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I’ll be taking a short break from the blog as I’ll be heading up to see the Angkor temples for a long-awaited holiday. There won’t be any news updates from now until the coming week, although if all goes well, news updates will resume on Thursday, 5th July. In the meantime, I’ve lined up a series of posts relating to Angkor and Cambodia. To start with, I’ve finally gotten down to making the paper model of Angkor Wat:

How to make an Angkor Wat.

1. Download the instructions and paper template of Angkor Wat – remember to print and enlarge the template of heavy paper. The larger the better!

2. Cut out the base and paste the first storey of the temple.

3. Cut and paste the inner set of ramps to the first floor.

4. Very carefully fold and set the outer wall. This bit is tricky because the wall can be quite flimsy!

5. Add the roof to the inner sanctuary.

6. Position the centre tower. This is the Mount Meru!

7. I thought the outer wall was difficult, but I was wrong. The really tricky bit is constructing the towers. It also didn’t help that the model I worked with was all of 2″ square. So the outer towers looked really, really bad.

8. … and finally, the final entry ramps on the outer courtyard.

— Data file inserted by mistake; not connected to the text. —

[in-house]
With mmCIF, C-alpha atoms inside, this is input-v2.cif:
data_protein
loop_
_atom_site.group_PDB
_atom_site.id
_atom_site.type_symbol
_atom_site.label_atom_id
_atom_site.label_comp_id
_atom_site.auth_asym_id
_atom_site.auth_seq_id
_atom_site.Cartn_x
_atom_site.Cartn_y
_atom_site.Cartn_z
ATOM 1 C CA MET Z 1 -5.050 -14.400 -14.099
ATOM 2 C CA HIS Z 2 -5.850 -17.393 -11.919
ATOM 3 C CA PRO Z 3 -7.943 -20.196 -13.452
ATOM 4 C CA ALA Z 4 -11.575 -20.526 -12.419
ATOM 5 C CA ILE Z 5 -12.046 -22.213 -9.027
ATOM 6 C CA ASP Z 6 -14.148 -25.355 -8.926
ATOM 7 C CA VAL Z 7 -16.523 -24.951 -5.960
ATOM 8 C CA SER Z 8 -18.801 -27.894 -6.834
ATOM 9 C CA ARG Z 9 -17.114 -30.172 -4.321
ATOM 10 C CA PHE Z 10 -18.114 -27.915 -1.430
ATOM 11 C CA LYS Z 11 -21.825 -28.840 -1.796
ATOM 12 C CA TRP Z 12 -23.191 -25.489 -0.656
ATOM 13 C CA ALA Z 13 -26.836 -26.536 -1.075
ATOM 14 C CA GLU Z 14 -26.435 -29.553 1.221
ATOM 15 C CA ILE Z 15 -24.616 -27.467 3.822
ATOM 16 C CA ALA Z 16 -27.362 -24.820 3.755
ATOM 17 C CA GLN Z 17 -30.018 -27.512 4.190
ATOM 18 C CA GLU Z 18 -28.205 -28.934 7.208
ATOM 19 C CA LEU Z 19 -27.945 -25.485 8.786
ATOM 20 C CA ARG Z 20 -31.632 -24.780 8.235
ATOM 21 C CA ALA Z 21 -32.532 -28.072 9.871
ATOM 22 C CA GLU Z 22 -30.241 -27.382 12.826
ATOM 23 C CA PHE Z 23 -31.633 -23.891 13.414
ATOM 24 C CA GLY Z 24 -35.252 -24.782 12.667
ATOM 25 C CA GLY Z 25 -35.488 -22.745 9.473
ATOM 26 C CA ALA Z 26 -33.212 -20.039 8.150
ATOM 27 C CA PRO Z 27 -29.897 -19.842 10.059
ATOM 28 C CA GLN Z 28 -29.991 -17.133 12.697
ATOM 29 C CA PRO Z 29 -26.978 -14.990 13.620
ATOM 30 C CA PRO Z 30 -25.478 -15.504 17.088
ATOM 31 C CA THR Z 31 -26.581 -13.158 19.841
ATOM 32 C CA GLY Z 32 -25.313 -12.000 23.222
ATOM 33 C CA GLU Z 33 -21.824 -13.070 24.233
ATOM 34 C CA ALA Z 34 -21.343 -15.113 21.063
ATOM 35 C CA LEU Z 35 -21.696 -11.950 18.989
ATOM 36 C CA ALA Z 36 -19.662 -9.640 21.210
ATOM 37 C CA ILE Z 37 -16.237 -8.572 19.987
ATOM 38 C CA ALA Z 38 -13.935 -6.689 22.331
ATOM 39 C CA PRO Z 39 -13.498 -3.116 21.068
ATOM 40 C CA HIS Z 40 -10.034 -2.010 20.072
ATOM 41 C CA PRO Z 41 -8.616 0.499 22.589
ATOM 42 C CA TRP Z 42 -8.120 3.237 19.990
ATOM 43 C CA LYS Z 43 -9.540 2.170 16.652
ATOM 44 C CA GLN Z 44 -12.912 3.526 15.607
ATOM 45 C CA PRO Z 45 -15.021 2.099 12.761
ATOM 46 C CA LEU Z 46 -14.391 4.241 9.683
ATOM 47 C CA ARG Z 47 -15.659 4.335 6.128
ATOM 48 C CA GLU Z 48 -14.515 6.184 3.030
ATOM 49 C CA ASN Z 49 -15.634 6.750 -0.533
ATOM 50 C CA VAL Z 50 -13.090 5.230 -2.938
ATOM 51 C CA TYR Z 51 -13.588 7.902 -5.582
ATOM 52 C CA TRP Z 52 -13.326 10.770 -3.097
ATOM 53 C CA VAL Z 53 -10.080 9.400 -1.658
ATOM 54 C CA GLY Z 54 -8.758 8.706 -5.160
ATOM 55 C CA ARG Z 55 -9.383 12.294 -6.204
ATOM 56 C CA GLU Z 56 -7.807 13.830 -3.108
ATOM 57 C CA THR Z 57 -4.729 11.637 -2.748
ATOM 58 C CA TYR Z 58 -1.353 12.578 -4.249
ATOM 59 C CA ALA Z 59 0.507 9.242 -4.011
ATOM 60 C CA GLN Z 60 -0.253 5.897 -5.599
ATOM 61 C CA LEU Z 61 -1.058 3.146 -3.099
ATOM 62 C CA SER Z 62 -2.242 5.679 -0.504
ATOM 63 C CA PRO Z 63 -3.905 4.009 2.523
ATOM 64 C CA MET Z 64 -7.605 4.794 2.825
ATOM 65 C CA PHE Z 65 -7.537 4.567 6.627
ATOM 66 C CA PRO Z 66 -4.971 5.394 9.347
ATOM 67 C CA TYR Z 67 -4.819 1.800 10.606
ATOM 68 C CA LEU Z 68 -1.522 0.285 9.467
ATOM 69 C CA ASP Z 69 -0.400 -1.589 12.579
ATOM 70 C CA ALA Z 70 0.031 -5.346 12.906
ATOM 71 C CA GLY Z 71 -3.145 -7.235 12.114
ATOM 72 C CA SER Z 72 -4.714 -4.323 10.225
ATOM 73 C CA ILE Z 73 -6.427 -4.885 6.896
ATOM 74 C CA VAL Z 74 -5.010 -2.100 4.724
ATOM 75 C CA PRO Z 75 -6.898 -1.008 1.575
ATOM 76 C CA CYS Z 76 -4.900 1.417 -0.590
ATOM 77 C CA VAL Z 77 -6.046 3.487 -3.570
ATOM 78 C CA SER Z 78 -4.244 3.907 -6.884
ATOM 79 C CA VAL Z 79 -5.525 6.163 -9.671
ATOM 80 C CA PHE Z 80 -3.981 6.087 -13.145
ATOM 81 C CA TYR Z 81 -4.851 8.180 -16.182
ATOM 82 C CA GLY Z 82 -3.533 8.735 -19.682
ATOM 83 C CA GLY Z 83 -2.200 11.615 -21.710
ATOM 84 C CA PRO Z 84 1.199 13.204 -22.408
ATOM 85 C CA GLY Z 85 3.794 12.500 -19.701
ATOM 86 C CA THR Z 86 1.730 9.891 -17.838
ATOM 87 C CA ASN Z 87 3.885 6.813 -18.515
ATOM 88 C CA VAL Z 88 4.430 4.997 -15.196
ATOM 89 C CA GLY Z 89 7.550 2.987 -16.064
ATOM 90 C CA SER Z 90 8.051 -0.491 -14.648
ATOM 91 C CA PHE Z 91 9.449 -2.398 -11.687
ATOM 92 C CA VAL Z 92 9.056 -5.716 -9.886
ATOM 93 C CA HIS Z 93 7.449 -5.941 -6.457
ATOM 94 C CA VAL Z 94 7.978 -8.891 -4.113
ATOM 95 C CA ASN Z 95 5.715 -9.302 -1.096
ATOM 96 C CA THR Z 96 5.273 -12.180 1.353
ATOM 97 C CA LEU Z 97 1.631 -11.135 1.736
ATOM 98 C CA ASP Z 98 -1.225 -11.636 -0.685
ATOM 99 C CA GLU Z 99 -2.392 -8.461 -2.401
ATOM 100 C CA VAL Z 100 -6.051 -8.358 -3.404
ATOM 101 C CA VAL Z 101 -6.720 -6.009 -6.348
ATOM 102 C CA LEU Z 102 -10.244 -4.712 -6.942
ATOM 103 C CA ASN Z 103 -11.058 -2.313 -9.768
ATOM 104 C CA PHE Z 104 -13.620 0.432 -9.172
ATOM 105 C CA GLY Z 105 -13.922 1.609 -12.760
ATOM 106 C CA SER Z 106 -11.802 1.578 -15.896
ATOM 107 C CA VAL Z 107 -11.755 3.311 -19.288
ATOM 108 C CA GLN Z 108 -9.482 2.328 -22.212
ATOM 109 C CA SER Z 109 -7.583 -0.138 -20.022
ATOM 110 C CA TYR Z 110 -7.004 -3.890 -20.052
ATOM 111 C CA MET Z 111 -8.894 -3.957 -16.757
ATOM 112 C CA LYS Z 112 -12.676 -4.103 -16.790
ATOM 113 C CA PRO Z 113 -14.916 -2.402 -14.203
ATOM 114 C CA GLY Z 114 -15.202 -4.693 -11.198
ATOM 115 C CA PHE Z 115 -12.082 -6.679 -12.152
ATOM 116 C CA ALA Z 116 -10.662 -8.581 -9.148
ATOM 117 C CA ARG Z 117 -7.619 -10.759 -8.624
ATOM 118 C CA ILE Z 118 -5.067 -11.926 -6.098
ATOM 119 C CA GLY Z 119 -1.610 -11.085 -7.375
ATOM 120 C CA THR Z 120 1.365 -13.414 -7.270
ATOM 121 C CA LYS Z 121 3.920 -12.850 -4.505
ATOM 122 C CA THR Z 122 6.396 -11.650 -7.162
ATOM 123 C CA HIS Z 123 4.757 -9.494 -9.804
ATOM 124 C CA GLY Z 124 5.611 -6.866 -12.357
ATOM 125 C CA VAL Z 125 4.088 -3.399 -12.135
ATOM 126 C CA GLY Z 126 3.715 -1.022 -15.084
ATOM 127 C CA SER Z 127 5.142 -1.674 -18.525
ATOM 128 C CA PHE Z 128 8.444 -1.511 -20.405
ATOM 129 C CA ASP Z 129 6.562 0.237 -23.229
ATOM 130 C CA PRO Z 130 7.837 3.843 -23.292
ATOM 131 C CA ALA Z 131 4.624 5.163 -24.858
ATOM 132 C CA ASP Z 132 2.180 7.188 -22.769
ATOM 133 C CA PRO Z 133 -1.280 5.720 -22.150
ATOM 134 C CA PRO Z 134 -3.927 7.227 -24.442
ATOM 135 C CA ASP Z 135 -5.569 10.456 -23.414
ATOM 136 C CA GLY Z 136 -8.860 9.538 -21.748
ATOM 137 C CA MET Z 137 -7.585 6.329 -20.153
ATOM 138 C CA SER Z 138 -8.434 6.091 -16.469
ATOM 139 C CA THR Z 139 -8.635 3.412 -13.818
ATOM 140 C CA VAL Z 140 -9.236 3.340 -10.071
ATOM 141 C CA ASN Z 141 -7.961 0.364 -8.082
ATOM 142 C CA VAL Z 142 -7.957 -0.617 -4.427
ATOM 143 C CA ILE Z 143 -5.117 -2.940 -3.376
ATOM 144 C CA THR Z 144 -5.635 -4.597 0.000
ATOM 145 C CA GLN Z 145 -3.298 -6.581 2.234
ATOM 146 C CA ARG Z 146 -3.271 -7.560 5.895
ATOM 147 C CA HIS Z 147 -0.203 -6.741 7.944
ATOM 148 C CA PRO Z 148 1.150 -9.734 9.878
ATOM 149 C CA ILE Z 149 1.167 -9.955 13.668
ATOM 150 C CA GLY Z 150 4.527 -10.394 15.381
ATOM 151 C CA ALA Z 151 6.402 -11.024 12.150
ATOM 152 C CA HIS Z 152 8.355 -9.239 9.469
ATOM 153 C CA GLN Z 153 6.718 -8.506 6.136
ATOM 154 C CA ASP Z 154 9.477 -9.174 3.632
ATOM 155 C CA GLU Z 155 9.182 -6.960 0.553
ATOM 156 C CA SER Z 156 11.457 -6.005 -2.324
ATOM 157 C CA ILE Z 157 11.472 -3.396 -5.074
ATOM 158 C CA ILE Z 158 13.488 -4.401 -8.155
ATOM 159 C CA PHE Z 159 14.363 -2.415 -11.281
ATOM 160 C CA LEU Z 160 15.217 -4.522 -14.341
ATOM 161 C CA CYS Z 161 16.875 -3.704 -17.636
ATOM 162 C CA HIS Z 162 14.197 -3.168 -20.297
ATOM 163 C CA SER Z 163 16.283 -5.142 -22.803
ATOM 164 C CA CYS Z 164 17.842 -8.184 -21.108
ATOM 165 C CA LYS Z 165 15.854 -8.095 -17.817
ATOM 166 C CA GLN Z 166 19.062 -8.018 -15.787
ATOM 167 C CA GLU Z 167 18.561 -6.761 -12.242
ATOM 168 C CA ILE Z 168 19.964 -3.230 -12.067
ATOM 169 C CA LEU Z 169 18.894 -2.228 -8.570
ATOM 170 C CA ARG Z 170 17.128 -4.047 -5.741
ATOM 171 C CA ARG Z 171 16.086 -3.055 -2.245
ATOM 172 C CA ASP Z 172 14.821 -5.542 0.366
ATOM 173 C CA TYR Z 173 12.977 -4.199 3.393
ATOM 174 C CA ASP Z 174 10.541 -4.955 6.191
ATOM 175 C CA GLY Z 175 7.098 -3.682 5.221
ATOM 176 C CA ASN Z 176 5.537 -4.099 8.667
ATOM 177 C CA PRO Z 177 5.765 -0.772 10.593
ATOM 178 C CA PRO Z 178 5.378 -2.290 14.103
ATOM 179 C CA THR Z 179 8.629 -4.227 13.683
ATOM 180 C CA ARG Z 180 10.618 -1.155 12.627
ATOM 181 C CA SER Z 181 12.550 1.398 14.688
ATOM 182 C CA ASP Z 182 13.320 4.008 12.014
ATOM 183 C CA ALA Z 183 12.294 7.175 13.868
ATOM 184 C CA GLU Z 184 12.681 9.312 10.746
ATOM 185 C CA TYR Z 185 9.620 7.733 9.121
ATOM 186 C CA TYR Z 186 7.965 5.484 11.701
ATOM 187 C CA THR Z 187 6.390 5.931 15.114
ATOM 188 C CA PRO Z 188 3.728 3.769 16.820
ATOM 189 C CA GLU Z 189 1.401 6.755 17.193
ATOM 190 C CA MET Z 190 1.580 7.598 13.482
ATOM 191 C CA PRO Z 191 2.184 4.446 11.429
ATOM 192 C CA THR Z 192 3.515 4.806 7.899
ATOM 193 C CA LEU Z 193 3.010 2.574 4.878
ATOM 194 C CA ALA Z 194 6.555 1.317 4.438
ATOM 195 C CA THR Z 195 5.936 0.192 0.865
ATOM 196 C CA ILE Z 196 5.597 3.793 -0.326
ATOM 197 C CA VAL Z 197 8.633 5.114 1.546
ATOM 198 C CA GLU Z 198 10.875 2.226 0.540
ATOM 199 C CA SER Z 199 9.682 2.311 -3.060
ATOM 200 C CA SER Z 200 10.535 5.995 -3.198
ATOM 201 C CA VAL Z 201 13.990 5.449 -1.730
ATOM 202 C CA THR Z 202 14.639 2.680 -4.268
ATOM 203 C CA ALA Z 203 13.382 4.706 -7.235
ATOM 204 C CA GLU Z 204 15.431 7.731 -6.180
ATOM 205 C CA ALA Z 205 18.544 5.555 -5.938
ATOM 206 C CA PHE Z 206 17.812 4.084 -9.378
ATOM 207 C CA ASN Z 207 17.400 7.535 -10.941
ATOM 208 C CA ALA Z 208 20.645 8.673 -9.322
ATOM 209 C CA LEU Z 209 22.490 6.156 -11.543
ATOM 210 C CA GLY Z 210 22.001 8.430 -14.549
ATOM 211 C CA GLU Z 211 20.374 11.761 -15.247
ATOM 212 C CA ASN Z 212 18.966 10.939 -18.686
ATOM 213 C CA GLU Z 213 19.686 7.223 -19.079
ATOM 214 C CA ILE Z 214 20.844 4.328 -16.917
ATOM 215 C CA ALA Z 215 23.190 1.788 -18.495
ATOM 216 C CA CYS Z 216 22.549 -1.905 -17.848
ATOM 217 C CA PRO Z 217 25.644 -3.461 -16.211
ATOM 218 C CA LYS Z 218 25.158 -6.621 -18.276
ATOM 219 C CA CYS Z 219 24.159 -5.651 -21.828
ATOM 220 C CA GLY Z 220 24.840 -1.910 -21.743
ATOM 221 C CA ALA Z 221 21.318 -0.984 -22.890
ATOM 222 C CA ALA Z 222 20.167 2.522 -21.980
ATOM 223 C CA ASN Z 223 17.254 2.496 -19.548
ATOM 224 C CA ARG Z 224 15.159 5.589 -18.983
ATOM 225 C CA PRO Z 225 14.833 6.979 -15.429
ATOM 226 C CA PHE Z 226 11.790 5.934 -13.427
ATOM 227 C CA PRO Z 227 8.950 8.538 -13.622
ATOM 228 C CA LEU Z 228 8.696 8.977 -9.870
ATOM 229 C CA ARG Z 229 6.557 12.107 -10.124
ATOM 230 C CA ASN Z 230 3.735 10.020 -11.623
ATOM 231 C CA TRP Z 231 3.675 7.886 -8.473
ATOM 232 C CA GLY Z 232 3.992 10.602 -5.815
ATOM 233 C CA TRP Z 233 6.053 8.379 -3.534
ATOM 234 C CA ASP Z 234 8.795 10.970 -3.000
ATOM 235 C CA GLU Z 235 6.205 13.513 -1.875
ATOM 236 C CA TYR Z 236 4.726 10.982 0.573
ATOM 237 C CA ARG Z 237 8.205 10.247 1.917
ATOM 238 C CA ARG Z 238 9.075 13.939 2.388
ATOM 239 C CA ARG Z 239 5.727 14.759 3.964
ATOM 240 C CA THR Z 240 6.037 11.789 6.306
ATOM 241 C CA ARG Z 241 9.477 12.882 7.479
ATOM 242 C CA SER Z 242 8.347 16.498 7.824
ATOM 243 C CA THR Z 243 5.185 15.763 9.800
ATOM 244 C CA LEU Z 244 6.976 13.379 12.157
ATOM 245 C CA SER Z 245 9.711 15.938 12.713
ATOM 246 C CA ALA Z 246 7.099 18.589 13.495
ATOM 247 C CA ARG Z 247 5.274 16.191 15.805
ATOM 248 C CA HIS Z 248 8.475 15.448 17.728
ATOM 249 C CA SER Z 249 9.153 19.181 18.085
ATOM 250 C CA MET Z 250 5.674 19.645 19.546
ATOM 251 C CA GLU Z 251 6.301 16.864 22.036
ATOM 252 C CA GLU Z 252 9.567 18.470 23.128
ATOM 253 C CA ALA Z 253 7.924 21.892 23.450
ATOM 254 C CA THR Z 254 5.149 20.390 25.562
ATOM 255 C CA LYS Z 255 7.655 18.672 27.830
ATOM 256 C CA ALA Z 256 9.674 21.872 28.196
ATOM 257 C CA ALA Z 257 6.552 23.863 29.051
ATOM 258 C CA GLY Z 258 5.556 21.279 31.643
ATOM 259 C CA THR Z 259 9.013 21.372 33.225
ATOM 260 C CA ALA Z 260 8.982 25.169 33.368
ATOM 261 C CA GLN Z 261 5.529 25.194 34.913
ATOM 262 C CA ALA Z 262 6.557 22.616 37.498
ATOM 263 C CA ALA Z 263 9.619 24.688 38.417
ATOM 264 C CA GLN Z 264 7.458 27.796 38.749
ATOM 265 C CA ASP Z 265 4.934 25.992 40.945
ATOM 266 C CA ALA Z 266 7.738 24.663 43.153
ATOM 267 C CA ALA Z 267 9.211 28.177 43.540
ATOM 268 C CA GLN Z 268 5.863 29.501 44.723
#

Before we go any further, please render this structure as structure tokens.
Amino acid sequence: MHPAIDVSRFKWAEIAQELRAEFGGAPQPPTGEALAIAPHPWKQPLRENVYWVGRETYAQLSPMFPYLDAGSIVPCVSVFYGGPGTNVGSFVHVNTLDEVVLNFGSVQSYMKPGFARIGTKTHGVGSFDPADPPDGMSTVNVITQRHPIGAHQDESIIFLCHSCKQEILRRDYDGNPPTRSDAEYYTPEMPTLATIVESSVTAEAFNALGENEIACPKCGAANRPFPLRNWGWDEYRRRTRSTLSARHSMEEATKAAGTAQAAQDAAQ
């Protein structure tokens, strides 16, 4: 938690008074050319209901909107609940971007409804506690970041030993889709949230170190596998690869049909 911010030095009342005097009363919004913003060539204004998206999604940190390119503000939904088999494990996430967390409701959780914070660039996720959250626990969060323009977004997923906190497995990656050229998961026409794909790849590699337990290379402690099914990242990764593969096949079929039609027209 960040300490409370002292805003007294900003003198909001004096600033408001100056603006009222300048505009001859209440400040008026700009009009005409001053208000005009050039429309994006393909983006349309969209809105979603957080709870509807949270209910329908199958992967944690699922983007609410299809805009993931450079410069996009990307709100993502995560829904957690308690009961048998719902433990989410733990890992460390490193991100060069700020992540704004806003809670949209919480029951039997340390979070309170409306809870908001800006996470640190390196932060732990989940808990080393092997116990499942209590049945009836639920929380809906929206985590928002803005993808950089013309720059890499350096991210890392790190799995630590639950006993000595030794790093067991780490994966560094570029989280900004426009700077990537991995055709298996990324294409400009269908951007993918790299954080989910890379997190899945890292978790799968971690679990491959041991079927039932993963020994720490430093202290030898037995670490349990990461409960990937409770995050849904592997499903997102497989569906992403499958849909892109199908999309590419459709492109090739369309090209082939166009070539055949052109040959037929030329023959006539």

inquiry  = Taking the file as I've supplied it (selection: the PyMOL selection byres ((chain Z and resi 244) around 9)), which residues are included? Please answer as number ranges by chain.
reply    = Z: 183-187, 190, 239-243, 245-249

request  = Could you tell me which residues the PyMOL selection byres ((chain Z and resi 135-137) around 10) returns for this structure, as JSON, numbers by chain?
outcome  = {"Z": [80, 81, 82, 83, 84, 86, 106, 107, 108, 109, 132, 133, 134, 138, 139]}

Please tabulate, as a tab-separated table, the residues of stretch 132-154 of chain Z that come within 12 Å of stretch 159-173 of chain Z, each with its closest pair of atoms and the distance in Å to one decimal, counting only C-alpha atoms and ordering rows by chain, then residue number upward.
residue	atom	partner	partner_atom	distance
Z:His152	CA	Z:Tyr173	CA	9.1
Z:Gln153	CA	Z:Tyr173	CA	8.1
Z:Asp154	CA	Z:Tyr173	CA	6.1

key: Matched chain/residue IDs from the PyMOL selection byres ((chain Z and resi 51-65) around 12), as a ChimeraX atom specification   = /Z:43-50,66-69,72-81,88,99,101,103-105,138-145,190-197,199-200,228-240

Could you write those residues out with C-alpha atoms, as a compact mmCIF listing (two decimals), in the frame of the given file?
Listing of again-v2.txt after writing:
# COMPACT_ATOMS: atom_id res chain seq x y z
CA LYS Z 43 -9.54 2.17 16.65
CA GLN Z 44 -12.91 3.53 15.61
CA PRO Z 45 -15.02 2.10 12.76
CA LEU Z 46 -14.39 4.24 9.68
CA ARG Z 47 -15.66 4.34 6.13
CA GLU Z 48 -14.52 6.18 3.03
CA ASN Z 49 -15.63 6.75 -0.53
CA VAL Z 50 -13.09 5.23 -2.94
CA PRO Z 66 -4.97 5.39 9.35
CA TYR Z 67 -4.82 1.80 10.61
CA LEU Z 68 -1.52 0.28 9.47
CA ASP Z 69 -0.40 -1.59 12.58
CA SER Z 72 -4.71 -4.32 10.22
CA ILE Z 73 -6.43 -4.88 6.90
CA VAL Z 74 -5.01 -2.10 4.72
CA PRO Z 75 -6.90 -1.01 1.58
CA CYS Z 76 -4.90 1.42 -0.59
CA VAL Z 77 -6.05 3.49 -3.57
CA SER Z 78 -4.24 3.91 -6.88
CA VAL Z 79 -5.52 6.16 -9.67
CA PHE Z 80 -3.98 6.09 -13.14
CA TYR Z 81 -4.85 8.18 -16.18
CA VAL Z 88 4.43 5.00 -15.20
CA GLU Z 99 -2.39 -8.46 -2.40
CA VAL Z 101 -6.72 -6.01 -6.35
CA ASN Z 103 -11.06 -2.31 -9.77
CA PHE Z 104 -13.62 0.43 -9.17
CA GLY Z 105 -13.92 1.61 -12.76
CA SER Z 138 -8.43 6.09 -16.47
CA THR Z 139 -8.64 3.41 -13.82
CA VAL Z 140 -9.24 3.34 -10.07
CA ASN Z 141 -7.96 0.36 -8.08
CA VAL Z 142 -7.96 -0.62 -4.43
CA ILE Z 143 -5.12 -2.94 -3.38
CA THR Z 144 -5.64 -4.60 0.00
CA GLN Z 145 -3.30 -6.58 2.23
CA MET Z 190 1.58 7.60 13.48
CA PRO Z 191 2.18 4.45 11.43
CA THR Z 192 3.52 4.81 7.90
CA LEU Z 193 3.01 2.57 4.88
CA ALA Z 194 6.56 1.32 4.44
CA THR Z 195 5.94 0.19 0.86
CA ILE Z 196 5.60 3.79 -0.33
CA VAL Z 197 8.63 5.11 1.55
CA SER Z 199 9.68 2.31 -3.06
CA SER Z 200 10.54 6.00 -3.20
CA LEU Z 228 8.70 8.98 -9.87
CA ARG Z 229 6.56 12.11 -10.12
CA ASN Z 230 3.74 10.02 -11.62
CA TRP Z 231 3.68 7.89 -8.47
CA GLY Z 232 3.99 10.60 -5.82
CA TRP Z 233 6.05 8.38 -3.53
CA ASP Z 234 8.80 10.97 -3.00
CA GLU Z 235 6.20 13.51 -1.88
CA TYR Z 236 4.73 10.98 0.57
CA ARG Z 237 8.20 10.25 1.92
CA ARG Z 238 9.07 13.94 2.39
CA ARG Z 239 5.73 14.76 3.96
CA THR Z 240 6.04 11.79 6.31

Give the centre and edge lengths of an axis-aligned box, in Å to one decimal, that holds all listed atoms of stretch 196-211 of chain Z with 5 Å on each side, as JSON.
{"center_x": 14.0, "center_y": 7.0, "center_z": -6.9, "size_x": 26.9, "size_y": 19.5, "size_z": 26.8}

And it’s done! Your very own Angkor Wat. Mine, actually. It’s not very hard to make, but on hindsight I wish I had printed it on very much larger card. It took me all of two hours to finish constructing this paper model.

Stay tuned to SEAArch for more Angkor-themed posts starting from Monday! In the meantime, if you haven’t already done so, please cast your vote for SEAArch for theBest Education Blog category in the Blogger’s Choice Awards!

Looking for books about Angkor Wat?
Angkor Cities and Temples by C. Jaques
The Treasures of Angkor: Cultural Travel Guide (Rizzoli Art Guide) by M. Albanese
Angkor: Cambodia’s Wondrous Khmer Temples, Fifth Edition by D. Rooney and P. Danford
Angkor Wat: Time, Space, and Kingship by E. Mannikka
Angkor Wat and cultural ties with India by K. M. Srivastava

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Categories: Angkor Cambodia

One Reply to “Off to Angkor”

  1. Have a great trip and don’t get ‘templed out’. It’s certainly a fascinating place.

    Your model of Ankor looks great…… don’t think I’ll bother to make one, looks too much like hard work!

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